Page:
Presence of incentive effect: That is, the aid must have be capable of promoting the development of the identified economic activities. This is also required by point 62 of the RDI Framework. The scheme complied with the requirements of the RDI Framework and the Commission found that it would promote more research activities, with expected additional private spending between a minimum of 50% up to a maximum of 75% of the cost of the aided projects.

The aid is not contrary to EU law: None of the provisions of the scheme were contrary to EU law.

Condition 2: No affectation of trade contrary to the common interest

Positive effects of the scheme: Following an evaluation of scheme SA.58995, the current aid scheme is expected to lead to an increase of the number of researchers and an increase in research expenditure, turnover, value-added and number of patent applications. The positive effects were reinforced by the requirement for FRAND licensing of research results to SMEs that would contribute to knowledge dissemination. [FRAND: fair, reasonable and non-discriminatory]

Need for state intervention: There are well-recognised market failures in the field of research. In this particular case, France highlighted the impact of the scheme on dissemination of new knowledge in the presence of asymmetric and imperfect information and coordination problems.

Appropriateness of the aid: State aid should be more effective than other policy instruments that cause less market distortion. The Commission considered that grants and repayable advances were more effective than other instruments in promoting cooperation and dissemination of knowledge, on the one hand, and additional risk taking, on the other. Regulation would not be effective, if at all. Tax incentives could have positive effects for companies but would not be effective to encourage research organisations to collaborate with companies.

Proportionality of the aid: No aid may be granted in excess of the maximum allowable aid rates. The Commission explained that in the case of non-notified aid, proportionality is ensured when: i) R&D projects are correctly defined, ii) eligible costs are correctly calculated, iii) aid intensities are not exceeded and iv) the cumulation rules are respected. In addition, the Commission noted positively, that aid would be limited to what was strictly necessary according to business plans that aid applicants had to submit. However, in the case of individually notified aid, the thresholds were raised in accordance with paragraph 97 of the Temporary Framework.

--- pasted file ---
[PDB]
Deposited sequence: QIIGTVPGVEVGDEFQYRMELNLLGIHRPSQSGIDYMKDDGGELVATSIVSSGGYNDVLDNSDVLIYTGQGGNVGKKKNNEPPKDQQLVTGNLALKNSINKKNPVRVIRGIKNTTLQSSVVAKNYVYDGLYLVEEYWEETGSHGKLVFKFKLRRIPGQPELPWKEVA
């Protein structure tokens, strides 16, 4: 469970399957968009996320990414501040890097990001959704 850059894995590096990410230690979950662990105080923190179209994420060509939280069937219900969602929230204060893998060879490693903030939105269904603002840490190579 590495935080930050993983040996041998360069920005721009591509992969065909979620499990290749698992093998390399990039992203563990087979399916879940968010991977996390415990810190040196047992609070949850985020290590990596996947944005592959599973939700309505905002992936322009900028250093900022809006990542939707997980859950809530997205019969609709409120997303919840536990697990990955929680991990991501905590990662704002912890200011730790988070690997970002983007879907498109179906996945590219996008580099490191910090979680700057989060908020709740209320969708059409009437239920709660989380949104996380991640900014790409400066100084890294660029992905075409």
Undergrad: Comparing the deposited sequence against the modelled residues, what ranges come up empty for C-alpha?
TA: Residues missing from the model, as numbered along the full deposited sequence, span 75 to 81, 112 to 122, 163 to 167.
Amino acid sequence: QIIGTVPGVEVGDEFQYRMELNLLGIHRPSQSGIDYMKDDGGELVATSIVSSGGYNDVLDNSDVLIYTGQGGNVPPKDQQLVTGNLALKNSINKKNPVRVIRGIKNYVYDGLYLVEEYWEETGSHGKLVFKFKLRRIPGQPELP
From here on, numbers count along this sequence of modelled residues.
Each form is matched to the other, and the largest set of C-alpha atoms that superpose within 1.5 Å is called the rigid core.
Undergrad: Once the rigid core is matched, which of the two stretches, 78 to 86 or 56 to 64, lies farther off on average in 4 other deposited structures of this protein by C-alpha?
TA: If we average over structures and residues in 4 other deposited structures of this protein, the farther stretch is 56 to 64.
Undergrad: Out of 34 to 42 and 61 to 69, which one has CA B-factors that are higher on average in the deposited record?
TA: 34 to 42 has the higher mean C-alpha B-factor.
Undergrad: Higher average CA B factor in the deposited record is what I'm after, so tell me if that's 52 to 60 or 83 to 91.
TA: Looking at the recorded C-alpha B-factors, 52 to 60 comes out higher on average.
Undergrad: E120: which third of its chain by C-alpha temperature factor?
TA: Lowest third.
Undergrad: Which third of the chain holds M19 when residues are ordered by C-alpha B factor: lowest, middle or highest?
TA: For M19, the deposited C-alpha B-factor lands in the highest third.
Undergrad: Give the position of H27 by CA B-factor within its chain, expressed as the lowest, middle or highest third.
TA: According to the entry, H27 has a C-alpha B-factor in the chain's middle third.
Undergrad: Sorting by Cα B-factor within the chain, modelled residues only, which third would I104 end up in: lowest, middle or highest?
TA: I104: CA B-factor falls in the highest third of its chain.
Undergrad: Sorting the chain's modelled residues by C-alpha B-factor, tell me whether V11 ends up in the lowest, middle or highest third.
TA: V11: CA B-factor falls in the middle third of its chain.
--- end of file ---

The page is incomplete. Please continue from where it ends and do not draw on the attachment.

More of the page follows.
Undue negative effects?

Then the Commission examined the possible presence of undue negative effects. It confirmed that such effects were absent for the following reasons:

  • The scheme contained no sectoral exclusions.
  • No more than 30% of the budget of the scheme could be devoted to any specific thematic area or sector.
  • No company group could receive more than 10% of the budget of the scheme.
  • No aid would be granted if it would create or strengthen a dominant market position.
  • No aid would be granted if it would lead to overcapacity in a declining market.
  • The amount of aid would be limited to the minimum necessary for each project.

Manifestly negative effects?

The Commission also confirmed the absence of any manifestly negative effects that would make the aid incompatible with the internal market.

The scheme did not mandate the use of domestic products, it did not limit participation to only domestic companies, nor did it limit the geographic area where the R&D results could be exploited.

In view of the above, the Commission concluded that the positive effects of the aid outweighed the negative effects and that aid was not expected to have any undue negative effects on trade and the common interest.

[1] The full text of the Commission decision can be accessed at [only in French]:

SA_102230_0019F080-0000-C560-BE9D-E813792CFAB6_54_1.pdf (



Phedon Nicolaides

Dr. Nicolaides was educated in the United States, the Netherlands and the United Kingdom. He has a PhD in Economics and a PhD in Law. He is professor at the University of Maastricht and the University of Nicosia. He has published extensively on European integration, competition policy and State aid. He is also on the editorial boards of several journals. Dr. Nicolaides has organised seminars and workshops in many different Member States, and has acted as consultant to several public authorities.